Michael’s Law Firm Blog

Court Awards Full Costs in Insurance Coverage Dispute

Michael Lesage Michael Lesage   February 22, 2018

In the recent Hoang v The Personal Insurance Co., 2017 ONSC 4193 (CanLII) case, the Court ordered the insurance company to pay full indemnity costs (all legal fees) where the insurance company had wrongfully denied coverage. The Hoang case arose after a young boy was injured crossing the street, after having been dropped off on…

Insurance Coverage Issues After You’ve Been Sued In Ontario

Michael Lesage Michael Lesage   October 19, 2017

In this article I will discuss what you need to know about being sued in Ontario and how your insurance policy will come into play, including what to do if your insurance company denies coverage or asks you to sign a non-waiver agreement. What Should I Do If I Have Been Sued In Ontario? If…

Best Examination for Discovery Tips for My Clients

Michael Lesage Michael Lesage   June 14, 2017

Examinations for Discovery (also sometimes referred to as depositions) are arguably the most important step in many lawsuits. It is the one opportunity (in most cases) for the opposing lawyer to question a party and to gauge whether they will present as believable and likable at trial. In the majority of cases, those two factors…

Discoverability and Professional Relationships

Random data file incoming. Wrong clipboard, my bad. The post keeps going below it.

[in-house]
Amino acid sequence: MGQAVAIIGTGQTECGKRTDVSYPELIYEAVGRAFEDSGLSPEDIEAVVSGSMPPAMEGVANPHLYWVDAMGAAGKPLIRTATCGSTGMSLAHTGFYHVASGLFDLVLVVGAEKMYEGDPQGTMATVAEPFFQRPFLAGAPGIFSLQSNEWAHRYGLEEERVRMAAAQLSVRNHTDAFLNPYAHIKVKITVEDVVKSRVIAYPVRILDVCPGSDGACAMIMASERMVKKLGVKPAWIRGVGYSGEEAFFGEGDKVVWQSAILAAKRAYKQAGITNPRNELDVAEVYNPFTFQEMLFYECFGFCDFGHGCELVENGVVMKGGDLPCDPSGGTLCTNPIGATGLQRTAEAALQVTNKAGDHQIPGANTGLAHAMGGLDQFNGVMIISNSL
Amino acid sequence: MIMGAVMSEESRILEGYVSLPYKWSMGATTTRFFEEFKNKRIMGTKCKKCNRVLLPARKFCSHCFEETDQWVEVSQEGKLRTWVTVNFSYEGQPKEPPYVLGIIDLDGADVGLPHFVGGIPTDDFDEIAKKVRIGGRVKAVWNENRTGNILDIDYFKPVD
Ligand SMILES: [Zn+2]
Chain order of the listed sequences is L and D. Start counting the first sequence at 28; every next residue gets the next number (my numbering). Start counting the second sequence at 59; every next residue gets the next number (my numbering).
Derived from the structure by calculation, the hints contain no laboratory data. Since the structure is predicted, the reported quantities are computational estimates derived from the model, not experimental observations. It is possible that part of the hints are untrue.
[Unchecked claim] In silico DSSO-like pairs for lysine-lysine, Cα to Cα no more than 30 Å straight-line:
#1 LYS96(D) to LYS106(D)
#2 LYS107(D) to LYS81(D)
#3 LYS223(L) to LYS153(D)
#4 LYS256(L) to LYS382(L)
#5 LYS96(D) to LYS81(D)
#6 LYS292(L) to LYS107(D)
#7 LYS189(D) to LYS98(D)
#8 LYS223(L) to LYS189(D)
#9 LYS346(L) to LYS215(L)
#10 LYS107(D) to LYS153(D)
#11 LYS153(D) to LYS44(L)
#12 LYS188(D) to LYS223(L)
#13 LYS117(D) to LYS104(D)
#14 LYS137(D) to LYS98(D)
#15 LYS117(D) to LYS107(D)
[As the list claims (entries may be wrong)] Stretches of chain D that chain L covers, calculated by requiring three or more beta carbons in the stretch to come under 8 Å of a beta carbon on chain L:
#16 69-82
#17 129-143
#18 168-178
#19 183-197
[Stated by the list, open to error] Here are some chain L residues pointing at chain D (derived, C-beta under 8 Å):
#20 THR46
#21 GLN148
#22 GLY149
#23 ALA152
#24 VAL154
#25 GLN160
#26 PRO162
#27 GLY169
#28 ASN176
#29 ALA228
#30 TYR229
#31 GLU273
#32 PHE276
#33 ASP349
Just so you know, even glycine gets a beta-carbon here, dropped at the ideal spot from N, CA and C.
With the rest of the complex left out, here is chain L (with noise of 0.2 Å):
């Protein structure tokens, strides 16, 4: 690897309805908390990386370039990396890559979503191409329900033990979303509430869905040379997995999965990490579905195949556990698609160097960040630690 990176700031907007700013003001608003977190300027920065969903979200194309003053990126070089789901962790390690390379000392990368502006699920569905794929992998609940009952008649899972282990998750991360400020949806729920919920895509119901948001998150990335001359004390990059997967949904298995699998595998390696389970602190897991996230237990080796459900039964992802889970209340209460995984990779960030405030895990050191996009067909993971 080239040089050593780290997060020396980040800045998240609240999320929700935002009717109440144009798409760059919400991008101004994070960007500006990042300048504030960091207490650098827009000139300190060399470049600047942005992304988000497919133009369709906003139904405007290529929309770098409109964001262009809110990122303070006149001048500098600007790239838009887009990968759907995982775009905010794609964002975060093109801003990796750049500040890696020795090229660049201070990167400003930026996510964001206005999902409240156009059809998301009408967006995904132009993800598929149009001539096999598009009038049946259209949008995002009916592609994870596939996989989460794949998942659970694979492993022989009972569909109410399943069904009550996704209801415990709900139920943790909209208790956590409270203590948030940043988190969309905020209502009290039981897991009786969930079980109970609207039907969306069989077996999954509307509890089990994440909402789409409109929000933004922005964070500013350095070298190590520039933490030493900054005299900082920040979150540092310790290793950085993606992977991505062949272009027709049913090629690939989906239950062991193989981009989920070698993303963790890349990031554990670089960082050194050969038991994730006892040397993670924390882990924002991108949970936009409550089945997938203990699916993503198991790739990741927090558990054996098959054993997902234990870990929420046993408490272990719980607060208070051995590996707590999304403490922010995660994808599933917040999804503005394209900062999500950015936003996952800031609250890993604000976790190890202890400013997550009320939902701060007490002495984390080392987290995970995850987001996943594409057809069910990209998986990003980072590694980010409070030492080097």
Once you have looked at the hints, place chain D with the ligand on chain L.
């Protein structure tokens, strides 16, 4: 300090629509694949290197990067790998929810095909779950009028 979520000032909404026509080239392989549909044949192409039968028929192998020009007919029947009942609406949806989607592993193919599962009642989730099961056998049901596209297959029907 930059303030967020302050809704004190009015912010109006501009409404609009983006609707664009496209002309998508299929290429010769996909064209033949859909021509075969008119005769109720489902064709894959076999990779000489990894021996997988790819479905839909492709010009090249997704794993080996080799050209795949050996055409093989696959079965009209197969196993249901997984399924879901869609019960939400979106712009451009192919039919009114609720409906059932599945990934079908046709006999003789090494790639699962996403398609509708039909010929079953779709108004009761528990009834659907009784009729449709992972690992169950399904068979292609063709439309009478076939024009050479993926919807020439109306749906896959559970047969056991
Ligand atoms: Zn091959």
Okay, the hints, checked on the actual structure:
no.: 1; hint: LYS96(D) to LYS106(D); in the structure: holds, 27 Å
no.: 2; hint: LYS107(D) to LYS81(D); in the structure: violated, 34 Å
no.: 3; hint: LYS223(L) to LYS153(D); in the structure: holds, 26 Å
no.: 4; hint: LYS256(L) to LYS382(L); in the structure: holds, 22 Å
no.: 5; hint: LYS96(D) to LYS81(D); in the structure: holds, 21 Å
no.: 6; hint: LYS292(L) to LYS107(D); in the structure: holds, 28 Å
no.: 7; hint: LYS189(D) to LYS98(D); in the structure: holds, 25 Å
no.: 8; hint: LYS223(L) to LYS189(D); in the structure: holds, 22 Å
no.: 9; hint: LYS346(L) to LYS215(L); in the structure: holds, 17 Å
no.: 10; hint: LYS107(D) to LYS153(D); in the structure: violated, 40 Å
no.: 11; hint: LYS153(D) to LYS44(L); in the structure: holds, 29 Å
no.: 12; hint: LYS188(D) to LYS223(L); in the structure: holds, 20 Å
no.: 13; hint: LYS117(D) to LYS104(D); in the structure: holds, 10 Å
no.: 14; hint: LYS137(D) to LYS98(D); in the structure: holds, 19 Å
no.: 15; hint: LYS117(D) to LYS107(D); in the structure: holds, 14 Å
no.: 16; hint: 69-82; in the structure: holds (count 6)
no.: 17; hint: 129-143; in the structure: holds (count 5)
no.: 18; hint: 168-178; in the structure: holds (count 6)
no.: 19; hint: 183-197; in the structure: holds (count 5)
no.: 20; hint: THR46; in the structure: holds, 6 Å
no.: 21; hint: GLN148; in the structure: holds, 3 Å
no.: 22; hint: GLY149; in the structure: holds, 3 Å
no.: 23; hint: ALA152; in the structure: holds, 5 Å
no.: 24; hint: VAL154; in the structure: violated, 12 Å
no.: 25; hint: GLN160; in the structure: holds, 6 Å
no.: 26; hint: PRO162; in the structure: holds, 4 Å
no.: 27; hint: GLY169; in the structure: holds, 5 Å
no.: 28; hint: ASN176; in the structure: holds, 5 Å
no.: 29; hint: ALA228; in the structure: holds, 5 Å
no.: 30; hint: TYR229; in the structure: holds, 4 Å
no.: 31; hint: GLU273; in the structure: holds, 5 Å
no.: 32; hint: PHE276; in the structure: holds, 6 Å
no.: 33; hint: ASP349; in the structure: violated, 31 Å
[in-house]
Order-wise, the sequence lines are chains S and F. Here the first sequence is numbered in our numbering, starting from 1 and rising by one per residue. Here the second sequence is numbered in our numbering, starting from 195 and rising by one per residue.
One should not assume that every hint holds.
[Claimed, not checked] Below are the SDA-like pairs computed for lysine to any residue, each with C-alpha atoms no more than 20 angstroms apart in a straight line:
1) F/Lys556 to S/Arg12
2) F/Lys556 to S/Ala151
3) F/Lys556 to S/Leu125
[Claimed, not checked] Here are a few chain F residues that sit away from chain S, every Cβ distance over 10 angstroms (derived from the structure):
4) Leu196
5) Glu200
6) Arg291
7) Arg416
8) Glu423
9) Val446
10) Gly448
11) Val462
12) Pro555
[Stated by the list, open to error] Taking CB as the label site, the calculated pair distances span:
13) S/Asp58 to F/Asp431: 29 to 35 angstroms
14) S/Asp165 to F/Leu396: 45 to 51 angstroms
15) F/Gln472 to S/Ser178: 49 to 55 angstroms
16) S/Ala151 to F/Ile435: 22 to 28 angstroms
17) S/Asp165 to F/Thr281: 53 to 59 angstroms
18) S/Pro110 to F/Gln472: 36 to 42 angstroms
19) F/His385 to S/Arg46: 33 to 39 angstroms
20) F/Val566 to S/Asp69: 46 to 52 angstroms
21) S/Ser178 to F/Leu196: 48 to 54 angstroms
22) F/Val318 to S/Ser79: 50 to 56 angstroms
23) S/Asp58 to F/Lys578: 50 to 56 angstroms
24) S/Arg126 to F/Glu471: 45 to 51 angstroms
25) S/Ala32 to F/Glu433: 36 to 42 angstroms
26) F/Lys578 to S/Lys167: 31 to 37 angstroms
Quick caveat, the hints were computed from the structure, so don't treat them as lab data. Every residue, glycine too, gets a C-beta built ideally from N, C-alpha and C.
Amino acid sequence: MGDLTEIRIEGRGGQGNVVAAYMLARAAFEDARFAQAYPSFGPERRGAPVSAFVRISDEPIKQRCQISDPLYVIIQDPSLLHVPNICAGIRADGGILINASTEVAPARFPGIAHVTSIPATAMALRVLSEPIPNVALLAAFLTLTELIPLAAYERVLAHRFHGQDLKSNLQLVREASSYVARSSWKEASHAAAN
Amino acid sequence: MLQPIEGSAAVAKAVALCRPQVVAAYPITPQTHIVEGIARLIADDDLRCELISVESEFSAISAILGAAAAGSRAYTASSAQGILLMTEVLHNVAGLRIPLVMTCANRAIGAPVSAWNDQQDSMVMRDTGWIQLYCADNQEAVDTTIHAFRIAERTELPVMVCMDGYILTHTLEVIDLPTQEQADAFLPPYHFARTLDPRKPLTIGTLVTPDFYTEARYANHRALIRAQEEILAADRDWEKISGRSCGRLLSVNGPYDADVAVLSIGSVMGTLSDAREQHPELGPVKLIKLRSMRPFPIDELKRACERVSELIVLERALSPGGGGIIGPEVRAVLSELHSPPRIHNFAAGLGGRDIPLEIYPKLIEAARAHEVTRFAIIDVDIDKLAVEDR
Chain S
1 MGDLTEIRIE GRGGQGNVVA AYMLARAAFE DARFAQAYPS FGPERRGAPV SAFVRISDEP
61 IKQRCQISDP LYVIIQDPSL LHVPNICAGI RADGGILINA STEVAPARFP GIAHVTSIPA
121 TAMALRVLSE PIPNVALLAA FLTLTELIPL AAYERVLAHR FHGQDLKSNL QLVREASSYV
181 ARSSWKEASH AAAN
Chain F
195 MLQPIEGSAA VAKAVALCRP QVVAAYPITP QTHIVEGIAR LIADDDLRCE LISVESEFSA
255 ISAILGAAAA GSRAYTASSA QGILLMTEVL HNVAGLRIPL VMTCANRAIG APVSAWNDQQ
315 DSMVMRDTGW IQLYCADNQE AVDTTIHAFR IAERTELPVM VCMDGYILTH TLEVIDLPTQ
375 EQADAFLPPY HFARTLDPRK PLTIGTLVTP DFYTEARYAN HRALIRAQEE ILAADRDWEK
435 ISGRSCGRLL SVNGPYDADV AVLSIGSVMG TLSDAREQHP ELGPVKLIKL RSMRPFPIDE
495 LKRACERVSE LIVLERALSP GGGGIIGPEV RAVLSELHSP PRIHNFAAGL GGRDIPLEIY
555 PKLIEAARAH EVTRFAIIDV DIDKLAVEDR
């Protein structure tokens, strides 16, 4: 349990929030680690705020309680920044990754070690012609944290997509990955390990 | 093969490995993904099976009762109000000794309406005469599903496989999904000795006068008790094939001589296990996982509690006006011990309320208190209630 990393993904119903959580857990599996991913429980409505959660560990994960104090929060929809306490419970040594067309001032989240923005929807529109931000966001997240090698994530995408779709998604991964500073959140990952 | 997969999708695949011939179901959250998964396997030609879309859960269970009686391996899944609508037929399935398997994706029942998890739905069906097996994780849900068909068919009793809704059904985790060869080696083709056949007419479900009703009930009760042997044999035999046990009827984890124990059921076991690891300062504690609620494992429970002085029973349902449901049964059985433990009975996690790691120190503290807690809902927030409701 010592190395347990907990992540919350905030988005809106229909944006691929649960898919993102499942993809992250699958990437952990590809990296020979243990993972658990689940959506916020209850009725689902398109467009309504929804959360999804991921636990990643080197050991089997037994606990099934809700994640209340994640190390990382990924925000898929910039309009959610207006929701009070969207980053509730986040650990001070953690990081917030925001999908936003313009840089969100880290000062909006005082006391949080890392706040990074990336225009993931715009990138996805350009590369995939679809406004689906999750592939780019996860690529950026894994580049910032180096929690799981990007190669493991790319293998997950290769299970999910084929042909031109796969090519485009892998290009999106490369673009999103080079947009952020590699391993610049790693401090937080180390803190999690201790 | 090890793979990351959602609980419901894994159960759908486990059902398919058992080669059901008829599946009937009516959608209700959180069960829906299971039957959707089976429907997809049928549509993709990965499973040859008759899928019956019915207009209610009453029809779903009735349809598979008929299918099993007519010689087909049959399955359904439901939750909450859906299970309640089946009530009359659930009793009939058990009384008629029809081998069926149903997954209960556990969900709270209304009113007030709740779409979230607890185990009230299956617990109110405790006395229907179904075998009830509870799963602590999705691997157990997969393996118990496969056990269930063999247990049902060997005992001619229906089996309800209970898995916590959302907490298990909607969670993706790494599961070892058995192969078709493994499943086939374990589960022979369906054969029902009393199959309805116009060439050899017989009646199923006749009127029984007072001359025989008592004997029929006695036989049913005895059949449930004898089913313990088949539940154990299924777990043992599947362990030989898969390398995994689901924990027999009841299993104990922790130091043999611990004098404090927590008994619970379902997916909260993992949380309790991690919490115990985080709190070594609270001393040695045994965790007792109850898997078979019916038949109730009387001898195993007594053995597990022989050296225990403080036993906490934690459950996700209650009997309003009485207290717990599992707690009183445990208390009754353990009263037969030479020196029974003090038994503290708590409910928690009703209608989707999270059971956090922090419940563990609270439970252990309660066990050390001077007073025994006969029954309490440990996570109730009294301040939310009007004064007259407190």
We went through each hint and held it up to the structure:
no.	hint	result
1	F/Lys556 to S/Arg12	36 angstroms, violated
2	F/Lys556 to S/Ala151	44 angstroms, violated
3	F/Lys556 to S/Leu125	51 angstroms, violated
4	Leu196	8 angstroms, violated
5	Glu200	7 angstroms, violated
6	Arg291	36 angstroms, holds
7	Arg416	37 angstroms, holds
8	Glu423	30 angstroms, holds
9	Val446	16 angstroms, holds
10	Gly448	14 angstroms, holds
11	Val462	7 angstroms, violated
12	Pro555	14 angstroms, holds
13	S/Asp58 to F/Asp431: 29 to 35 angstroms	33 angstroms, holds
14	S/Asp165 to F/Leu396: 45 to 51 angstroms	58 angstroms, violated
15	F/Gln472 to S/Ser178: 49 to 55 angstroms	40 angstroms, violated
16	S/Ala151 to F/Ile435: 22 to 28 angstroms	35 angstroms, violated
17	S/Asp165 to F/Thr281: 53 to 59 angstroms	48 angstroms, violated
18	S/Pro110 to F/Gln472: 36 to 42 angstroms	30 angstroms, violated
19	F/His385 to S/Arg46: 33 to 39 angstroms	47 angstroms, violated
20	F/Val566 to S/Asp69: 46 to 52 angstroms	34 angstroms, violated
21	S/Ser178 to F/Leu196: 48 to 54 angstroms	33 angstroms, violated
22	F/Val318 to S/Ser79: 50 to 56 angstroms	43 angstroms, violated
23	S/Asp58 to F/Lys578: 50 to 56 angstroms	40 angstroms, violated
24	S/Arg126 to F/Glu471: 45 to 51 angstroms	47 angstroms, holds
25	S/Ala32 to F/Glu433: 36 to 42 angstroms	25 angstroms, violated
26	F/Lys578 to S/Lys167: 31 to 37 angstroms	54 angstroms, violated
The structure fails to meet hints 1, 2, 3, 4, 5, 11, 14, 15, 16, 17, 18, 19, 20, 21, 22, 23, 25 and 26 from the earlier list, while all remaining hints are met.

Michael Lesage Michael Lesage   April 24, 2017

Recently, in Presidential MSH Corporation v. Marr Foster & Co. LLP, 2017 ONCA 325, the Court of Appeal again addressed the discoverability doctrine within the scope of professional relationships. This decision is likely to have significant implications in cases involving professional negligence. The facts of the Presidential MSH Corporation (Presidential) case were relatively straightforward. Presidential…

Defamation – Collection of Damage Awards

Michael Lesage Michael Lesage   April 10, 2017

Though defamation lawsuits are relatively rare, (likely owing to their cost and the fact that insurance coverage is not commonly available), damage awards can still be substantial, as illustrated in the recent McNairn v Murphy, 2017 ONSC 1678 (CanLII) case. In that decision, Justice Beaudoin canvassed awards from a number of other defamation cases, making…